When it comes to YouTube Premium, one name is recognized about all else: Cobra Kai. But the streaming service does, in fact, have other offerings, one of which is actually the true underdog story of the whole situation: the meta-comedy Ryan Hansen Solves Crimes on Television*. The series stars Ryan Hansen (Veronica Mars, Party Down) as a very exaggerated version of himself and one-half of an unlikely buddy cop duo. In the first season, he was partnered with Detective Mathers, played by Samira Wiley (Orange is the New Black, The Handmaid’s Tale). Now in its second season, Mathers is in a coma — more on that later — and Hansen has a new reluctant partner, Detective Vincente, played by Wood Harris (Remember the Titans, The Wire).
Uproxx recently spoke with the creator of this meta Hollywood crime comedy about an actor who helps the LAPD solve crimes, writer/director Rawson Marshall Thurber, as well as Ryan Hansen himself. As expected, it was a very serious interview. At least, by the end of it.
Ryan, with a show like Ryan Hansen Solves Crimes on Television* and even going back to Play It Again, Dick, playing a really well-meaning but also really obtuse version of yourself kind of seems like your calling card. What is it about making yourself the butt of the joke that is so appealing to you?
Ryan: Well, neither Play It Again, Dick nor Ryan Hansen Solves Crimes on Television* were my idea, so it seems like other people, i.e. Rob Thomas and Rawson Marshall Thurber III, find it appealing to make me the butt of the joke. I take myself and my craft very, very seriously and someday people, i.e. Rob Thomas and Rawson Marshall Thurber III, will realize that.
Play It Again, Dick and Ryan Hansen Solves Crimes on Television* are also both shows that have done a lot for extremely niche streaming platforms (CW Seed, YouTube Red/Premium) in terms of showing their true creative capability and worth… only without getting much recognition, critically or even in terms of mass appeal. Have you felt like you were making something special with these shows, even without that recognition?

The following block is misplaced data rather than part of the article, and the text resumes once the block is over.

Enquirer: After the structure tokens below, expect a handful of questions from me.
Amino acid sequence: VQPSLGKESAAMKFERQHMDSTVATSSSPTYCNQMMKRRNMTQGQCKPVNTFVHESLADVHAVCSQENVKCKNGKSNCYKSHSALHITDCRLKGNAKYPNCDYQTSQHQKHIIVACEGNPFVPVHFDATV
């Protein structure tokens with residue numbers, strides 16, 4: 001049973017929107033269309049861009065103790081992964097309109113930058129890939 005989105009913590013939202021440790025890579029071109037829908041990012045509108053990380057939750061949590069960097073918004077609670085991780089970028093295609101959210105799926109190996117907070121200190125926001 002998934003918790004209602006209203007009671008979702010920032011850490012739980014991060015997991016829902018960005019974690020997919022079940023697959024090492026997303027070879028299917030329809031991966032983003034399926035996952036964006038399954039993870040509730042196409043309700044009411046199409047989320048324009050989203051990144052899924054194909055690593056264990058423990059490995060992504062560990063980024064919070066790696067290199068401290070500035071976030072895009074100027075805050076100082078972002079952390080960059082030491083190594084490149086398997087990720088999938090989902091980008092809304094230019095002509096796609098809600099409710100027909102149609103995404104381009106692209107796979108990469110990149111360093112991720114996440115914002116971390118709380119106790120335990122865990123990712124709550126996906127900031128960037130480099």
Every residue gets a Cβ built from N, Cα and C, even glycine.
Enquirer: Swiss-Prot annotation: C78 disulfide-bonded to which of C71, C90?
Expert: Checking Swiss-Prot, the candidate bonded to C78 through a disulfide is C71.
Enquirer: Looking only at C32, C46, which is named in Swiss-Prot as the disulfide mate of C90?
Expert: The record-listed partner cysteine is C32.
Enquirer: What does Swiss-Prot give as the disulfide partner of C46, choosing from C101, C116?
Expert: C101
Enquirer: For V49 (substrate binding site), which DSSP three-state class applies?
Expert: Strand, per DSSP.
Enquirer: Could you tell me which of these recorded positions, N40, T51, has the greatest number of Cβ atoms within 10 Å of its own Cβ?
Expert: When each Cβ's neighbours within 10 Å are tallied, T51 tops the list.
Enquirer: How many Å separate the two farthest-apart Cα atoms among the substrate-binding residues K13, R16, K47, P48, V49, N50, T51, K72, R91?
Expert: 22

Ryan: The best part of being on a niche streaming platform is being able to do things creatively you couldn’t do on a network show. Having that freedom is pretty special as an actor and is very satisfying. Would I like more people to view our show? Sure. Is my trailer as big as someone’s on a network show? Absolutely not. Was I on a show with my name in the tittle for two seasons? You bet.
So what is the next small streaming service you plan to make regret airing your show?
The next small streaming service I’d like to do a show on is Target. I’m there all the time anyway and I’d love a lil’ friends n’ family discount. It would be a great show.
Rawson, how many times while filming an episode or even just a scene does Ryan suggest, “I should do a backflip”? How were you able to get him to wait until four episodes into this season to finally do both that and full-on choreography?
Rawson: Never. But that’s usually myself or our producer, Beau Bauman, because we just love Ryan so much, and he’s so physically gifted there’s just literally nothing he can’t do. Neither myself nor Beau can do backflips, so we’re easily impressed. We asked him to do it probably a couple times too many than he should, but that just speaks to what Ryan is capable of doing. We asked him to do everything in this show; his own stunts, his own backflips, his own jokes. You know, it’s not for everybody.
Ryan: Backflips are why I am a working actor. I used to do them in every audition even if it was a dramatic role. I would finish my scene and say thank you and then I would say I can do a backflip. They would smile, I would backflip and they would stand up a cheer and say, “That was amazing! You are completely wrong for this part but we love your backflip so… You’re hired!“ Now every time I work, when the director finds out I can do a backflip they say, “Well we have to put that in somewhere!” And he found a great spot for it in episode four, after I try and bust a move with pro dancers.
Rawson: He is such a good dancer it’s criminal. Again, I can’t dance at all, and he is a fantastic dancer and really good at it. … He used to be, before he was an actor, a Party Pumper, which he and some other folks were hired to come to parties and dance and get the crowd going, so he’s a former professional dancer. It just makes me laugh really hard, so any time I can get Ryan to dance or do a backflip, I will do it shamelessly. If you look at, in Central Intelligence, which is where I met Ryan, we had him dancing at the very end. He was just such a good dancer we had him come back for the very end of, in fact, the reunion thing and he was dancing. The scene didn’t make it into the final edit, but I’ve been asking Ryan to dance on camera since I’ve known him.